Seeing Unseen Things 

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Life on earth is subject to deterioration, but heaven is a place which will never decay. 

In chapter 4 verse 18 of 2 Corinthians, the book that is somewhat Paul’s autobiography, the apostle made an extraordinary declaration which suggests that Christians are capable of seeing unseen realities. He said, “we look not at the things which are seen, but at the things which are not seen: for the things which are seen are temporal; but the things which are not seen are eternal.” This statement sounds paradoxical, but it is in fact designed to establish that there is a difference between things which are seen and those that are unseen.   

Classified among the things that are seen is the world around us with its different realities, which we can perceive through our five senses; these are the air, trees, buildings etc. Also included in this category are the circumstances of life as well as everything that goes on within the “inner man” ( v. 16), especially painful experiences. All these, Paul explained, are fundamentally “temporal,” which means that they are bound to come to an end. On the other hand, unseen things concern the glories of heaven, and they are distinctly “eternal” (cf. Hebrews 11:1). These include the spiritual body that the children of God will each possess, and which will be of the same nature as Christ’s (1 John 3:1-2).    

In talking about things which are seen, the apostle was referring to the evil that befell him and his companions while preaching the gospel. Earlier in the chapter, he spoke of how they were “troubled on every side”, “perplexed”, “persecuted” and “cast down” (vv. 8-9). The affliction, in some cases, was the result of mishaps; in others, it was man-made. Paul recounted in 2 Corinthians 11:24 that he was beaten by his fellow Jews who opposed the gospel. He said, “Of the Jews five times received I forty stripes save one” [that’s 39 stripes times five, CC]. Thrice was I beaten with rods, once was I stoned, thrice I suffered shipwreck, a night and a day I have been in the deep; In journeyings often, in perils of waters, in perils of robbers, in perils by mine own countrymen, in perils by the heathen, in perils in the city, in perils in the wilderness, in perils in the sea, in perils among false brethren”.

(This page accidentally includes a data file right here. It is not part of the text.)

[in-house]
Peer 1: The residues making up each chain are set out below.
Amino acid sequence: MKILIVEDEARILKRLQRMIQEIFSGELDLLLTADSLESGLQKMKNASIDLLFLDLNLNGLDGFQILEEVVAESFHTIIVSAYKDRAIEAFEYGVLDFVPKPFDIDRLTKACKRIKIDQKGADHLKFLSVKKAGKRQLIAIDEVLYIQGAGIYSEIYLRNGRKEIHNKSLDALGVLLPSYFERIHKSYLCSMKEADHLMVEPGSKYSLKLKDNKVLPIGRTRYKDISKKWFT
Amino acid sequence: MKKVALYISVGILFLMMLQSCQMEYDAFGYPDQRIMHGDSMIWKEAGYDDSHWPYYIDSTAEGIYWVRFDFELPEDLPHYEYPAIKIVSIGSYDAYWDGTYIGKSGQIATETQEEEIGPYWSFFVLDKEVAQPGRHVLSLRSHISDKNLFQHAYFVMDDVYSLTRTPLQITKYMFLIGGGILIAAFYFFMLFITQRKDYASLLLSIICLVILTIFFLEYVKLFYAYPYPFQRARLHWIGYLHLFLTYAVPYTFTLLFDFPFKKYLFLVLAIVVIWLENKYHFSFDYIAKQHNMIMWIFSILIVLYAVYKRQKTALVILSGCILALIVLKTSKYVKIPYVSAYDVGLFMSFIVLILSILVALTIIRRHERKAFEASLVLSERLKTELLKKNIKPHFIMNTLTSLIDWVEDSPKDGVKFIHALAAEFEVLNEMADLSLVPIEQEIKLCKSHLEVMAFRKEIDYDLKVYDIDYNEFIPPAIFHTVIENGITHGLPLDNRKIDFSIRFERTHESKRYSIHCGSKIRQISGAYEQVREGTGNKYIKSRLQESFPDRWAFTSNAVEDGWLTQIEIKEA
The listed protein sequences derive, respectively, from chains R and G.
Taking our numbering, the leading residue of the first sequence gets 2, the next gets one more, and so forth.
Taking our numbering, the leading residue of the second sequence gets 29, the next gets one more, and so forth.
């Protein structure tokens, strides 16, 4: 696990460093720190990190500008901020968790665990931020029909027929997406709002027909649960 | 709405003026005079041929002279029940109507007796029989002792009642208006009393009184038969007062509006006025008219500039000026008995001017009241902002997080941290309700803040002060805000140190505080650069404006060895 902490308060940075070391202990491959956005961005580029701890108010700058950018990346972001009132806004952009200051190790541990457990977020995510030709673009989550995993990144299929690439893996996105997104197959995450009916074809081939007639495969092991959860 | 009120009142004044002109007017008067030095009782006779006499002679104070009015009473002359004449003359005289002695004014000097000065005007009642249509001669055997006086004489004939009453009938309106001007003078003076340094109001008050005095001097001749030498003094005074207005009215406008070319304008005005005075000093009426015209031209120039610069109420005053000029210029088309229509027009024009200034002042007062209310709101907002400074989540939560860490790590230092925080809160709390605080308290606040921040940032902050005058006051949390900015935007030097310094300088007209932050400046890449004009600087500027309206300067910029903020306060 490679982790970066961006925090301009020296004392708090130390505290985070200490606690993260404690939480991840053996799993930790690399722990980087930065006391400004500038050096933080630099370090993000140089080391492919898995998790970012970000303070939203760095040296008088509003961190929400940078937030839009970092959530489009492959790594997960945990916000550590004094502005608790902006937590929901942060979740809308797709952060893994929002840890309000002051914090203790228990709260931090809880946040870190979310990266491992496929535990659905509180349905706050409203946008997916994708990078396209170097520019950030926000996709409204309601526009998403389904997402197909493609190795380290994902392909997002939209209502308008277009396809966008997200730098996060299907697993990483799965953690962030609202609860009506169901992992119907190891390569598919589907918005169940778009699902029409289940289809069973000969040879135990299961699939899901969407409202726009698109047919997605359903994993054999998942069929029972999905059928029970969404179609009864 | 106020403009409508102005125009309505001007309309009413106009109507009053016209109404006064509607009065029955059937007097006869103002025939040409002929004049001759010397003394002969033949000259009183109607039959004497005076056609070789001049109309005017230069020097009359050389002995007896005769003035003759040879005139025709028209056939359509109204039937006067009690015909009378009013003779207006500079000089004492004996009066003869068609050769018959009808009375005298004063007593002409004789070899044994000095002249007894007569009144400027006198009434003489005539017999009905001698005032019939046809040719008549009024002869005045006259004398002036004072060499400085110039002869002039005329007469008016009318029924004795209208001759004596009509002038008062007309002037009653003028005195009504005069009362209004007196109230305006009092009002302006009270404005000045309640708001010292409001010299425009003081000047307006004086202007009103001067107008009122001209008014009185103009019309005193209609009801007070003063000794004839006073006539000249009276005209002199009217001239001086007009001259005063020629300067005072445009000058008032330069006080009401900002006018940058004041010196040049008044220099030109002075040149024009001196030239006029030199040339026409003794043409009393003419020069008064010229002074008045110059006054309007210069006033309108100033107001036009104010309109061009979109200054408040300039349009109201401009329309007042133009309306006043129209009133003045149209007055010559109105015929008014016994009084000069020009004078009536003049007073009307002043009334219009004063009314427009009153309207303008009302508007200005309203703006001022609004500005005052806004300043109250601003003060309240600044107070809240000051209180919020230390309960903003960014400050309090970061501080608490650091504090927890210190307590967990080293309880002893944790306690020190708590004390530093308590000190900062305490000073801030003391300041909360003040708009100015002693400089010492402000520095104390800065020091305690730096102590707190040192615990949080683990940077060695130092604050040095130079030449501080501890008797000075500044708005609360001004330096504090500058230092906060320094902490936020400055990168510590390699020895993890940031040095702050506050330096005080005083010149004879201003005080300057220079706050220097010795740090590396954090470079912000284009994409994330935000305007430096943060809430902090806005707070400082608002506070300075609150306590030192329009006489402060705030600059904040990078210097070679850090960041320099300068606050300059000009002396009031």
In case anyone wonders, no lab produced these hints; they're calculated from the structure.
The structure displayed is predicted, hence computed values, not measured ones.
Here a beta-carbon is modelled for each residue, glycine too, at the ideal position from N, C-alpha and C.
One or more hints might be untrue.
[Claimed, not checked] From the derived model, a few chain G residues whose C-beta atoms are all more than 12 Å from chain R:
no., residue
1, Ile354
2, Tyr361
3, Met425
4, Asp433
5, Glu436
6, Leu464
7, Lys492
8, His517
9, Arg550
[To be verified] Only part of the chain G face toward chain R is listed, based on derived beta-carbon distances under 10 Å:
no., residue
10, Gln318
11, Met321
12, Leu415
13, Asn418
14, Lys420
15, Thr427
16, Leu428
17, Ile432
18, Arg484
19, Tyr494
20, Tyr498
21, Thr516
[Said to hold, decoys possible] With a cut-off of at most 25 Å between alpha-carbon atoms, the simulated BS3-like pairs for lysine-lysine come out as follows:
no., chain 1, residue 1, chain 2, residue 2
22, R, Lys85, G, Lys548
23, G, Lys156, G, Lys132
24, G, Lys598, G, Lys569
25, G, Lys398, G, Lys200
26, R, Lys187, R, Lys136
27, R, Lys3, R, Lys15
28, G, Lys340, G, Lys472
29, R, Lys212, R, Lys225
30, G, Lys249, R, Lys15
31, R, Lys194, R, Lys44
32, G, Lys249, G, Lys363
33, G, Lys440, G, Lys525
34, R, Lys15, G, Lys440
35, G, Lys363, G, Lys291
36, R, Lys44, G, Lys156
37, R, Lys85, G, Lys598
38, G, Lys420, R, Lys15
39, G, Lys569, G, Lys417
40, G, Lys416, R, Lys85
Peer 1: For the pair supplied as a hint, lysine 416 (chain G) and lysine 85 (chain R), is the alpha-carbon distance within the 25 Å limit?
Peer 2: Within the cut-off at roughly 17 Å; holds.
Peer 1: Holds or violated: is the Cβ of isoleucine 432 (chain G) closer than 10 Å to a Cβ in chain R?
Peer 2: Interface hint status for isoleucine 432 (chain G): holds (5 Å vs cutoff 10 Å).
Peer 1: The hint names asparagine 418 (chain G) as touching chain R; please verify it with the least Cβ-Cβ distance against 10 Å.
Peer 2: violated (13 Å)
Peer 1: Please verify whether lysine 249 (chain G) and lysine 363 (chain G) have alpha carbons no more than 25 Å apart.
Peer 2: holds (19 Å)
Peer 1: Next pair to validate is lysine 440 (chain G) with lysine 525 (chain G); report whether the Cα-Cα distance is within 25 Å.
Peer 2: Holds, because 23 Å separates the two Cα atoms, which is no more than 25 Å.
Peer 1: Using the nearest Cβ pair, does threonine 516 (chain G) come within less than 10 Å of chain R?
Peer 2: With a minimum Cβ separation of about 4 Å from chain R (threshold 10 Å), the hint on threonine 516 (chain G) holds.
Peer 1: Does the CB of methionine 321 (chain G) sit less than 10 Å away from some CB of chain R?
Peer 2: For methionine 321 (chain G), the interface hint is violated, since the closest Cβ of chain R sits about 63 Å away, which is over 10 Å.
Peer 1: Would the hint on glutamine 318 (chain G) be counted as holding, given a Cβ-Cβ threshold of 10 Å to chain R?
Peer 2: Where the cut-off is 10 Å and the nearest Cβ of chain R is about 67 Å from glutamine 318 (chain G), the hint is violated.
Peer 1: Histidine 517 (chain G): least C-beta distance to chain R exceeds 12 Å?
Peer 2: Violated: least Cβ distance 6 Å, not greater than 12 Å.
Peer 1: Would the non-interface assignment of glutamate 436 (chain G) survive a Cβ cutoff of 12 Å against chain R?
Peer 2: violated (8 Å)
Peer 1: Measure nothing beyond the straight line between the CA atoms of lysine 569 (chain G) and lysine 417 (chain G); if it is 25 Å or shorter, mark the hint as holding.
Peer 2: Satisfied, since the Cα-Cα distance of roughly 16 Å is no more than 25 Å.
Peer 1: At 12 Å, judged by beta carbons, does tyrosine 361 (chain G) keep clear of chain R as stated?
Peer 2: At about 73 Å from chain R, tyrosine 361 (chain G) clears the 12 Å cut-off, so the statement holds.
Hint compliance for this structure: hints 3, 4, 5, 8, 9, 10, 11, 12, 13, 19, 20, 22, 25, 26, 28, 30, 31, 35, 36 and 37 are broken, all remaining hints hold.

But here in v. 18, Paul made the point that the bodily suffering would endure but for a little time, just as would all good things that earthly life offers, such as wealth, pleasure and fame. This truth was to Paul and his co-workers a source of motivation to carry on serving Christ and God. All believers who go through tribulations as they live the Christian life need to remember this certainty and take comfort in it as well. Furthermore, they need to come to the realisation that the earthly difficulties weigh almost nothing in comparison with the glory of eternal life. In Romans 8:18, Paul said, “For I reckon that the sufferings of this present time are not worthy to be compared with the glory which shall be revealed in us”.

Therefore, Paul encourages us to not look at the things which are seen. In other words, Christians need to make the effort not to make the things of this life their goal (that’s the meaning of the phrase “look at”). Instead, they’d rather focus their attention on and desire heaven through faith. This admonition Paul made plainer in Colossians 3:1-2. There he said, “If ye then be risen with Christ, seek those things which are above, where Christ sitteth on the right hand of God. Set your affection on things above, not on things on the earth.”

There are many reasons to desire heaven. I’d like to cite only a few of them. We should want heaven because it’s a place that will never decay. Peter said that there is “an inheritance incorruptible, and undefiled, and that fadeth not away, reserved in heaven for you” (1 Peter 1:4). In heaven, we will not see buildings deteriorate and crumble as is the case in this life, neither will our changed bodies be subject to corruption (2 Corinthians 5:1). But we know how our bodies can be devastated and ravaged by some diseases. The Bible has the promise that in heaven God will “wipe away all tears there” as John wrote in Revelation 21:4. This is the significance of the hymn “No Tears in Heaven” that we often sing in our congregations, and which is on page 456 of the song book Praise For The Lord. John went on to say, “there shall be no more death, neither sorrow, nor crying, neither shall there be any more pain: for the former things are passed away”.

Dear reader, when you think about the fact that heaven is a wonderful place where there is no death, surely you will want to become a Christian and live in a way God wants you live so that you can go there. If you do, respond to the gospel call of Jesus Christ today and obey His command to be baptised for the salvation of your soul.

Constant Coulibaly

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